4.3 Community Merging and Splitting
Community merging and splitting are the main reasons underlying community death and birth. Therefore, understanding these processes in detail is critical to understanding dynamics at the community level as a whole. We study these processes in detail, with three questions in mind: What factors influence the split and merge processes for communities? What features, if any, are good indicators for whether a community will merge soon? Finally, can we predict which communities will merge together?
First, we study whether community size impacts splitting or merging. For splitting events, we only consider the largest two communities resulting from the split. Similarly for merge events, we focus on the two largest communities merging to become one community. We use as a metric the ratio of the size of the second largest community to the size of the largest community. The smaller the ratio is, the larger the size difference is between the two communities. In Figure a, we plot the ratio of community splitting with a red line and community merging with a black line. We observe that for 80% of merged community pairs, this ratio is less than 0.005. This reflects that for most merge events, there is a large size discrepancy between the smaller community and a larger community. This is consistent with our observation that small communities tend to disappear over time, while the biggest communities continue to grow in size. The community splitting process acts in a totally different manner. The red line in Figure a shows that the ratio for 70% split communities pairs are more than 0.5. Thus, when a community splits into smaller communities, the community tends to split into two comparable size communities.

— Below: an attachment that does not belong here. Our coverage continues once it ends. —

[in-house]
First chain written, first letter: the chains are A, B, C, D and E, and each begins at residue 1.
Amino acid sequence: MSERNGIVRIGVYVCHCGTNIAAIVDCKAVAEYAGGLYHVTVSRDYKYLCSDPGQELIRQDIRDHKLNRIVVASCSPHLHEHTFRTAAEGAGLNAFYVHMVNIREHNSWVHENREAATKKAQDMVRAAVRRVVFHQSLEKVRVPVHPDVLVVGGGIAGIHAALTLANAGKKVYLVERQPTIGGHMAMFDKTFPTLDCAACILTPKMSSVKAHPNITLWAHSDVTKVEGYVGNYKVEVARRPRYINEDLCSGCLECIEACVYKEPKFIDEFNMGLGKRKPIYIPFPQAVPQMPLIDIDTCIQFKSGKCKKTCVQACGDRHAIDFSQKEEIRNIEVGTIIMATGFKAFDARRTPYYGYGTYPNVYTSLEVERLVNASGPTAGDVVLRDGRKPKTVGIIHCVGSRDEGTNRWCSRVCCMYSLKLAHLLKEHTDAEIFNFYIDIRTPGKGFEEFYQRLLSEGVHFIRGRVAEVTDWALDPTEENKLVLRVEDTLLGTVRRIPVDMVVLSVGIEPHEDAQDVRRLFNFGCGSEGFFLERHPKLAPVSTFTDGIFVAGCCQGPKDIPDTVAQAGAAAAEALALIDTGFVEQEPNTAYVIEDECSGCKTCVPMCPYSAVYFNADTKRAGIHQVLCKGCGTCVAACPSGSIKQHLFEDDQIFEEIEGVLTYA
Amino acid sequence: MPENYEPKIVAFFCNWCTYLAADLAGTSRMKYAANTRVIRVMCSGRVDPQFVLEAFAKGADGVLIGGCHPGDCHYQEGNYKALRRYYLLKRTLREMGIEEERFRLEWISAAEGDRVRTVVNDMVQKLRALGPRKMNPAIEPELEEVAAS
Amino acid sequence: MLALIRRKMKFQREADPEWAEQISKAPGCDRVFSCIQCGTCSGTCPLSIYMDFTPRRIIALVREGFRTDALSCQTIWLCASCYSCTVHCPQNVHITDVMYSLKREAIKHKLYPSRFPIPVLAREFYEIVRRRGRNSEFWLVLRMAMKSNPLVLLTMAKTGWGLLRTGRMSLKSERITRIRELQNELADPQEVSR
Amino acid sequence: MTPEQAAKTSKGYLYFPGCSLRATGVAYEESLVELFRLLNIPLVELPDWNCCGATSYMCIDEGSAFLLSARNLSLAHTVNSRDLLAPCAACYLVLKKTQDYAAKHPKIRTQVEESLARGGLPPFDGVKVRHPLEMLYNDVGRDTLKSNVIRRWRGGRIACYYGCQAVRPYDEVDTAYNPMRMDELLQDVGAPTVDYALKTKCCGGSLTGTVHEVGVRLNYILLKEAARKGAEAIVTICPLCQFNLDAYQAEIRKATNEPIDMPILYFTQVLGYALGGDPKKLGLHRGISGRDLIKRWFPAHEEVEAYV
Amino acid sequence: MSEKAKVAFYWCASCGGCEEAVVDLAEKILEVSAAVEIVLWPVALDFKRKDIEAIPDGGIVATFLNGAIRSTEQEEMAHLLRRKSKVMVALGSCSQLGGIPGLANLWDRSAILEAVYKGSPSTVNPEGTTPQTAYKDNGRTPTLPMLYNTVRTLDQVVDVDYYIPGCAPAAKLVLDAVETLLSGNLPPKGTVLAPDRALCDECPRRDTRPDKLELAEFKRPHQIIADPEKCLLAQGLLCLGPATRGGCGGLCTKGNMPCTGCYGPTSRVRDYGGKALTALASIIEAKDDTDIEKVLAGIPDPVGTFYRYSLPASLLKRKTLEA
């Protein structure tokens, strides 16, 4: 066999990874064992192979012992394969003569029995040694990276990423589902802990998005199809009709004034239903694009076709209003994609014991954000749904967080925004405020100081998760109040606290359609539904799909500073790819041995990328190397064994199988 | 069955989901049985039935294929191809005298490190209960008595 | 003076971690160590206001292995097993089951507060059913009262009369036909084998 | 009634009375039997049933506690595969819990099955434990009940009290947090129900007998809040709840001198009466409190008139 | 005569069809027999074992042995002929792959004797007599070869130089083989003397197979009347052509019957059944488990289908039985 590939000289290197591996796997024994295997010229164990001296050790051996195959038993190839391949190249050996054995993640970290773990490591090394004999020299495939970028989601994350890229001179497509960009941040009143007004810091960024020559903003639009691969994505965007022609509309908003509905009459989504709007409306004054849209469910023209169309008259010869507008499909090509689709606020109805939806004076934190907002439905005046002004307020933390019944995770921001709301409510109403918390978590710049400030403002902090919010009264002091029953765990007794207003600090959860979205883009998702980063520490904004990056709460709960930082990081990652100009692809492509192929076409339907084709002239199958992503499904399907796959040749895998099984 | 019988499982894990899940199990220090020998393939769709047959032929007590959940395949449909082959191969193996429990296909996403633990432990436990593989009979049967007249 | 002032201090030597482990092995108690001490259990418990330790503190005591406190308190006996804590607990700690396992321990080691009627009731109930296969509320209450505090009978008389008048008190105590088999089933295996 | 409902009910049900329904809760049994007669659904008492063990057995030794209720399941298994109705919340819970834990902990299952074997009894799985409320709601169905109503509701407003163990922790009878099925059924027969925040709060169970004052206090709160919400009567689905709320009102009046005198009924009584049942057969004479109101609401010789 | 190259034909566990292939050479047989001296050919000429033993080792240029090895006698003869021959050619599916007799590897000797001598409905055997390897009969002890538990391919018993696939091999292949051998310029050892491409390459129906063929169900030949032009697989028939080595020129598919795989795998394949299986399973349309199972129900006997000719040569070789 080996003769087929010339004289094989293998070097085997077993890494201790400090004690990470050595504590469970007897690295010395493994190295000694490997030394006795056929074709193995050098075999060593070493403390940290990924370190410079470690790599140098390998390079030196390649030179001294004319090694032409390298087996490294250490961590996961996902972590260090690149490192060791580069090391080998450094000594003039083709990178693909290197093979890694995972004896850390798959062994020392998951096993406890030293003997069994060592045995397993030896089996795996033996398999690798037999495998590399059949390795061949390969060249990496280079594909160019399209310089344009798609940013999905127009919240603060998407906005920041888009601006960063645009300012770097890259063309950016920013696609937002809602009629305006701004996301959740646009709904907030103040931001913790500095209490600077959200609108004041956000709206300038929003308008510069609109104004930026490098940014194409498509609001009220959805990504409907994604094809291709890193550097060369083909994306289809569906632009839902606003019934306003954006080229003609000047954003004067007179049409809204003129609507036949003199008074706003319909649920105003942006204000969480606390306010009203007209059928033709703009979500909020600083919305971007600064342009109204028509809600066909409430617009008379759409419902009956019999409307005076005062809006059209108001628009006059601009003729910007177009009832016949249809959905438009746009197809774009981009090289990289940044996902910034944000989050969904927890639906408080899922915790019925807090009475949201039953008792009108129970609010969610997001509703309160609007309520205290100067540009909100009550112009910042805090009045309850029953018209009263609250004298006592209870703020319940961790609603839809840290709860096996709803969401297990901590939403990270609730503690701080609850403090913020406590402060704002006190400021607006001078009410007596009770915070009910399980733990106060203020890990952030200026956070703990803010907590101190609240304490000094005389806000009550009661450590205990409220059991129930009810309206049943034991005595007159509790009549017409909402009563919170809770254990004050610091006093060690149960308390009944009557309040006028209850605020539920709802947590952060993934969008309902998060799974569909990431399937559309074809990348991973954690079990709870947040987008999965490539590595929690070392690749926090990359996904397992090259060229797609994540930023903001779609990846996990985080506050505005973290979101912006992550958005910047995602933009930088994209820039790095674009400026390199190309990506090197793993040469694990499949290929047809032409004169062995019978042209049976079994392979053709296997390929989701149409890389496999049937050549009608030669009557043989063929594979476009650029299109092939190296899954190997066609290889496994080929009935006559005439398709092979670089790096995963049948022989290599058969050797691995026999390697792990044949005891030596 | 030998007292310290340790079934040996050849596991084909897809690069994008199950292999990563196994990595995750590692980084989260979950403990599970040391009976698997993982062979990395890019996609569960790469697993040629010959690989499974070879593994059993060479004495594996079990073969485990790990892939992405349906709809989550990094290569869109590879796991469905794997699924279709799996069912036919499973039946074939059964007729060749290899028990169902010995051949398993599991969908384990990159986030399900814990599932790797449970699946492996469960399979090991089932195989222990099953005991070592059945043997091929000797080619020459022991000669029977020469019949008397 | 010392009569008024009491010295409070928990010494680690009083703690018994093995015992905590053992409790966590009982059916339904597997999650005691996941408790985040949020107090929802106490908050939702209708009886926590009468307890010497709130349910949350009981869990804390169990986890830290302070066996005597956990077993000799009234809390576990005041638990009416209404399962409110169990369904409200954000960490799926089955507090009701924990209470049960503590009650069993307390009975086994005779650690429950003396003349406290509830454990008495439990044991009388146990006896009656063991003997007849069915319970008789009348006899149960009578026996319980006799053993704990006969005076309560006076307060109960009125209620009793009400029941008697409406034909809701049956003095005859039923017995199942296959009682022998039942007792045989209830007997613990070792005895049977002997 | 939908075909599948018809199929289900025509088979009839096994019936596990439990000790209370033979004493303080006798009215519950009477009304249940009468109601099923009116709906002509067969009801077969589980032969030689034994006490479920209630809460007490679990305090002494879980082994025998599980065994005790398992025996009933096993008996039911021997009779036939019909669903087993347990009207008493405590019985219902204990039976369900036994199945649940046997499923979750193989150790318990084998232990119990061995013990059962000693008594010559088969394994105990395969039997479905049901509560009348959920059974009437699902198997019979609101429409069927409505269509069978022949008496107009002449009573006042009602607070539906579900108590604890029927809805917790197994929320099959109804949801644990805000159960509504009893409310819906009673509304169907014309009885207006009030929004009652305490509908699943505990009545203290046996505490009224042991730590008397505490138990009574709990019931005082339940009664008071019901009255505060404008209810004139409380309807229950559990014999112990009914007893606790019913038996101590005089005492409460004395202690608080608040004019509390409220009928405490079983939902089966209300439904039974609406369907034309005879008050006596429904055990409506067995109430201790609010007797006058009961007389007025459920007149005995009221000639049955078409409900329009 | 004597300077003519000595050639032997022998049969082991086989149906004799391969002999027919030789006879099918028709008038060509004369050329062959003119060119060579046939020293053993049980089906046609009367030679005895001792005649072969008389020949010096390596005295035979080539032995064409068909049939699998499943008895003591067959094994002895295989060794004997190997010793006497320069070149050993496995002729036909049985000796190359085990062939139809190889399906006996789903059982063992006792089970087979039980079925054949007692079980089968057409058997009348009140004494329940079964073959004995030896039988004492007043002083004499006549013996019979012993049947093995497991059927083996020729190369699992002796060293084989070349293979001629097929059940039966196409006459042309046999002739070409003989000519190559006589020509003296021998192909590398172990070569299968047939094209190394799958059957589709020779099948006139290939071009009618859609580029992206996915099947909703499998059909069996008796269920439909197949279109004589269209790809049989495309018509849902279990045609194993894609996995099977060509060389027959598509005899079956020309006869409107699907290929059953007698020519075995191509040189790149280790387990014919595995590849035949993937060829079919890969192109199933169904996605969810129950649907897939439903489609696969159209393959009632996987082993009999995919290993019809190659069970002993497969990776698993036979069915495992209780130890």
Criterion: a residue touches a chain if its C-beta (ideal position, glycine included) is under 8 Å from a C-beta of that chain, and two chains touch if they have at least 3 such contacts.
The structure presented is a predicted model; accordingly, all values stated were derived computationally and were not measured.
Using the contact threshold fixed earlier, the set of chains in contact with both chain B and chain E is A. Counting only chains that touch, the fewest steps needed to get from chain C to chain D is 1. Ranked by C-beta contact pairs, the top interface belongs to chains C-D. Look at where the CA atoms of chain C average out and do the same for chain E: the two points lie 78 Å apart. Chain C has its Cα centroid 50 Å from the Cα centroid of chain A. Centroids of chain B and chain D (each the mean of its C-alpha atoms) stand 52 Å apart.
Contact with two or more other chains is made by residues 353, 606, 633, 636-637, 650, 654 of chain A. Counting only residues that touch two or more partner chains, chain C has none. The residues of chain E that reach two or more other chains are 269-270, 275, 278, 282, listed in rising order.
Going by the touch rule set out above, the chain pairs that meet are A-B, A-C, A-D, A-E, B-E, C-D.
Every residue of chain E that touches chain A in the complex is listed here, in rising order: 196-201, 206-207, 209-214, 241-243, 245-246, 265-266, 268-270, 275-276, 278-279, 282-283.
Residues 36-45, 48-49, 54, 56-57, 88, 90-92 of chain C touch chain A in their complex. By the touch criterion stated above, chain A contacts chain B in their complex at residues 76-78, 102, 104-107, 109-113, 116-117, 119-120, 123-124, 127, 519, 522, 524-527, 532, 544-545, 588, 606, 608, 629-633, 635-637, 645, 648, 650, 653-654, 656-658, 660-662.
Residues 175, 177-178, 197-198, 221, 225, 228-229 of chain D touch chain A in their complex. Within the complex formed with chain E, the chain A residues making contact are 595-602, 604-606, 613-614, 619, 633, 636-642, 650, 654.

Predicting Merging. Since community merge is the only reason causing the death of the communities, we are curious whether there are any structural features specific to the merge process, and whether we can accurately predict if a community is going to merge with another in the next snapshot. We identify three structural metrics, including community size, in-degree ratio, the ratio of the edges inside a community over the sum of the degrees of nodes in the community, and the similarity of a community to itself in the previous snapshot (defined in Section 4.1).